Verizon ( you are getting an unlimited data plan. )
Starting Monday, Verizon customers can get unlimited data, talk and text for $80.
The company says the new introductory plan also includes up to 10GB of mobile hotspot usage, as well as calls and texts to Mexico and Canada. It will also allow customers to stream unlimited high-definition video, a nod to T-Mobile’s controversial practice of reducing video quality for some of its unlimited data customers.
While Verizon’s new plan promises “fast LTE speeds,” heavy data users may suffer. The company said that after a customer uses 22GB of data on a line during any billing cycle, it “may prioritize usage behind other customers in the event of network congestion.” This has become standard practice across all networks offering unlimited data plans.
Related: T-Mobile and Sprint Offer New ‘Unlimited’ Data Plans – Sort of
Verizon first removed its version of an unlimited usage plan in 2011, following similar decisions by other major wireless carriers.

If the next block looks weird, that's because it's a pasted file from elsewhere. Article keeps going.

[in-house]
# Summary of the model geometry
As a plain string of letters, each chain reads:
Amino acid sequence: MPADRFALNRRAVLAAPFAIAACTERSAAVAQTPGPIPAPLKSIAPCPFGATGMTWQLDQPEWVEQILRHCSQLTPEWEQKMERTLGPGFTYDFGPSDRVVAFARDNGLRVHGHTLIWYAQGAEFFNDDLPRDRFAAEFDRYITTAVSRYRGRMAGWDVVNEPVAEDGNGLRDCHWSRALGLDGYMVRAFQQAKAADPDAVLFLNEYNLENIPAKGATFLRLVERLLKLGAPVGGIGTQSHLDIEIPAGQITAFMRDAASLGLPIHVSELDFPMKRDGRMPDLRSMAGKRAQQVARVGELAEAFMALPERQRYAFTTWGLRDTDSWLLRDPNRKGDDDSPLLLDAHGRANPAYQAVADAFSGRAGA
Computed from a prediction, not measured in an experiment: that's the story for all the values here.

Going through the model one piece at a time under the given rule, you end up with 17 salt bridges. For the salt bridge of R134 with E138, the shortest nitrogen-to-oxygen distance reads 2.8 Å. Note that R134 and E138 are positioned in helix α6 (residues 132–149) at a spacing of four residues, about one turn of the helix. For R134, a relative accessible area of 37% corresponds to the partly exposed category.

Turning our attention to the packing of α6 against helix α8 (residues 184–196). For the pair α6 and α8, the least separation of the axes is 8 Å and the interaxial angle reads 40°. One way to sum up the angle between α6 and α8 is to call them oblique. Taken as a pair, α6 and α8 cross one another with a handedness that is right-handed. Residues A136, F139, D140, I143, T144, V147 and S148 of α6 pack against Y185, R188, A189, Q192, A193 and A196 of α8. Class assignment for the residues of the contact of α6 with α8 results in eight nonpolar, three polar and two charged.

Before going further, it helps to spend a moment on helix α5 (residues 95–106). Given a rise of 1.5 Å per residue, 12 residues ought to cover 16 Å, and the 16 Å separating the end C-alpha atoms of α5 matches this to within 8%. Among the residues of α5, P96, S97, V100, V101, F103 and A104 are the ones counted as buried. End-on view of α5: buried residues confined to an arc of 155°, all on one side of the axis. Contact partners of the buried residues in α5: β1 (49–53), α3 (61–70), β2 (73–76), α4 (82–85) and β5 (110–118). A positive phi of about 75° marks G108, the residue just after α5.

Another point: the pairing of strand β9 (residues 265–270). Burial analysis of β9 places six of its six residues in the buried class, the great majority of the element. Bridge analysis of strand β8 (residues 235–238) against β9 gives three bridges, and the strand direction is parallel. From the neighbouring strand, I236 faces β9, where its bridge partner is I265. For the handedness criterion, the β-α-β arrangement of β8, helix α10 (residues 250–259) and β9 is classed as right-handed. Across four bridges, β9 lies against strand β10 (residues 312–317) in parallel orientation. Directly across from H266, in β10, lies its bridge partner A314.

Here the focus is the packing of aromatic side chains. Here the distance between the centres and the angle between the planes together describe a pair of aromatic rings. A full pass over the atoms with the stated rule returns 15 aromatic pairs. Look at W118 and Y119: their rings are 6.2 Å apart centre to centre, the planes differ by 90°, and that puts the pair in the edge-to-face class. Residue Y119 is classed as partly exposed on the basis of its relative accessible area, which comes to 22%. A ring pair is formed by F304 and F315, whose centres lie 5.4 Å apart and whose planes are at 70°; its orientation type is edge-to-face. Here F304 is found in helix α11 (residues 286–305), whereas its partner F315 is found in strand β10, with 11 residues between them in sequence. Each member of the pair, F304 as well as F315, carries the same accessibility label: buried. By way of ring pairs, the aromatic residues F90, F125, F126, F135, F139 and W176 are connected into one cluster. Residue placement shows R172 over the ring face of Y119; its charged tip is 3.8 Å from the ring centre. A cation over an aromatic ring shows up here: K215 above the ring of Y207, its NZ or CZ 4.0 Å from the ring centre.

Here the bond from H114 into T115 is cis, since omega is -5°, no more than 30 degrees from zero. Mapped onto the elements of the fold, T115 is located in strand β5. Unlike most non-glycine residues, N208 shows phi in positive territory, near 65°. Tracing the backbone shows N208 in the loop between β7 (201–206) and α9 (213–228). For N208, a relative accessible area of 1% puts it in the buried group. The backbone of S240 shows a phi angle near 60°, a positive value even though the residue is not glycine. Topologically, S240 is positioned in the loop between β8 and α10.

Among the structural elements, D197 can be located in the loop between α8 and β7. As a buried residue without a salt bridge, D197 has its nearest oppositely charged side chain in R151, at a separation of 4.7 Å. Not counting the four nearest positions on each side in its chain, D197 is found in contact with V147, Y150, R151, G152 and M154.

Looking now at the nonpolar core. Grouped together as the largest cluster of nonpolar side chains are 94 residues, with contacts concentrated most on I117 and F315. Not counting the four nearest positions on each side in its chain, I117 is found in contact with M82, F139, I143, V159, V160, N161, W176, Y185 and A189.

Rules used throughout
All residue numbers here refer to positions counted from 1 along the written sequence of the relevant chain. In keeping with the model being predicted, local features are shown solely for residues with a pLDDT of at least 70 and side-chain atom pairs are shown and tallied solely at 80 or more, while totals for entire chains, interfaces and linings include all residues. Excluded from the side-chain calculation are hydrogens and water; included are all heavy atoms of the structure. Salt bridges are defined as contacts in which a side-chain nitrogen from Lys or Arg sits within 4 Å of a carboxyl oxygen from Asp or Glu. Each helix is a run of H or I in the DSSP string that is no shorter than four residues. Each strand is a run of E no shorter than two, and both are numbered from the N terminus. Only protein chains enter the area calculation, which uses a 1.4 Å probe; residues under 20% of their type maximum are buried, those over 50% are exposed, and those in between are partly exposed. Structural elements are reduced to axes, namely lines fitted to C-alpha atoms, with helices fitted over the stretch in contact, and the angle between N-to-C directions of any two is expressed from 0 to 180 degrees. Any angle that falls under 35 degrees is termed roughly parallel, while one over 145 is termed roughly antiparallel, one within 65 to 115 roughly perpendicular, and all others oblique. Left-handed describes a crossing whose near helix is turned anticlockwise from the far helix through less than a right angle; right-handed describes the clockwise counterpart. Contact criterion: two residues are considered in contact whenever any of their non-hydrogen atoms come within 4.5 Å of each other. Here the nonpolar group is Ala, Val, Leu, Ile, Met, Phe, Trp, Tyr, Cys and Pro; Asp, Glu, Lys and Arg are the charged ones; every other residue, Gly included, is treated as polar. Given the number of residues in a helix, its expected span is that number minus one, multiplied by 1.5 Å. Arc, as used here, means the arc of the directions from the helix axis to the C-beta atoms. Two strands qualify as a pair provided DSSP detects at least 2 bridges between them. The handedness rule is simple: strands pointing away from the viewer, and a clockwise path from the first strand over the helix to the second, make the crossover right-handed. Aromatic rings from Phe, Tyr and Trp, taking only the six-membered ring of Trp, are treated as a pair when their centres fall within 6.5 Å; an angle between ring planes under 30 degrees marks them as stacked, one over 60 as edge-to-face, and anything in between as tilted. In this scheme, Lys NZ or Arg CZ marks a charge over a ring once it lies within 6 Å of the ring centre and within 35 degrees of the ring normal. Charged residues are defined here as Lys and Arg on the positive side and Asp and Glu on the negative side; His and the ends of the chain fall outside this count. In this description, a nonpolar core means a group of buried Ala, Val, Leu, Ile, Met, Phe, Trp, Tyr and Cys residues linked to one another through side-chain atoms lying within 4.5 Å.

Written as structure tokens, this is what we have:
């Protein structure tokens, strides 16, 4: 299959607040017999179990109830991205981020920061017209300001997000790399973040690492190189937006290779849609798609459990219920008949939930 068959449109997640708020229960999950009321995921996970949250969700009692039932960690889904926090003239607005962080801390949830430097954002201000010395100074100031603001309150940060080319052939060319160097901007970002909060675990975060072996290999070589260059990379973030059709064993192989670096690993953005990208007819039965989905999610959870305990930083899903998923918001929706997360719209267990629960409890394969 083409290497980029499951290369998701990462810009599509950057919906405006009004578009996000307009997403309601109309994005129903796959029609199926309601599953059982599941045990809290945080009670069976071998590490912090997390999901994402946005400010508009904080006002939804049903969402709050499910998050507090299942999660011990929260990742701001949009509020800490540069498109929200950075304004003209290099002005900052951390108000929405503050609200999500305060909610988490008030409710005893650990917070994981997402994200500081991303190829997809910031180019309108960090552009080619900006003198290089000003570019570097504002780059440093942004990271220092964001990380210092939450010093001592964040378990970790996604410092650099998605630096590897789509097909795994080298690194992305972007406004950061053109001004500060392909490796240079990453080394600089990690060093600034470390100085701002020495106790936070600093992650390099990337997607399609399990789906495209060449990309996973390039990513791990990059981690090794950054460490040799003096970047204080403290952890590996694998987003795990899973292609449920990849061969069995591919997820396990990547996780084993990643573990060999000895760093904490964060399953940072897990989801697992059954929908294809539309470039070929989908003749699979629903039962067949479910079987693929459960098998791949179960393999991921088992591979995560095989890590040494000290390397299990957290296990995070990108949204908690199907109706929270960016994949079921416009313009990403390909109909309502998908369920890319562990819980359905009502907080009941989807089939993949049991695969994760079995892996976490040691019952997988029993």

But companies have been constantly revising those plans.
Verizon first overhauled its data usage plans last summer when it introduced a new “Safety Mode” plan. Technically, this gave customers access to unlimited data, but they were subjected to molasses-slow speeds after reviewing their allocated data.
Similarly, AT&T eliminated overage fees for customers in September. Like Verizon, AT&T throttles customers’ speeds once they reach their plans’ data limit. The company brought back unlimited plans early last year, but it’s only available to homes with both AT&T wireless service and DirecTV or U-Verse TV.
Meanwhile, competitors T-Mobile ( i )Sprint ( they made their own offers to attract customers looking for “unlimited data” plans. )
Almost every subway in New York has cell service
Last August, Sprint began offering a plan to give customers unlimited talk, text and high-speed data for $60 for the first line, $40 for the next and $30 for every additional 10 .
T-Mobile’s plan, announced the same day as Sprint’s, charged $70 a month for the first line, $50 for the second, and additional lines are just $20, up to eight lines.
CNNMoney (New York) First published on February 12, 2017: 7:03 pm ET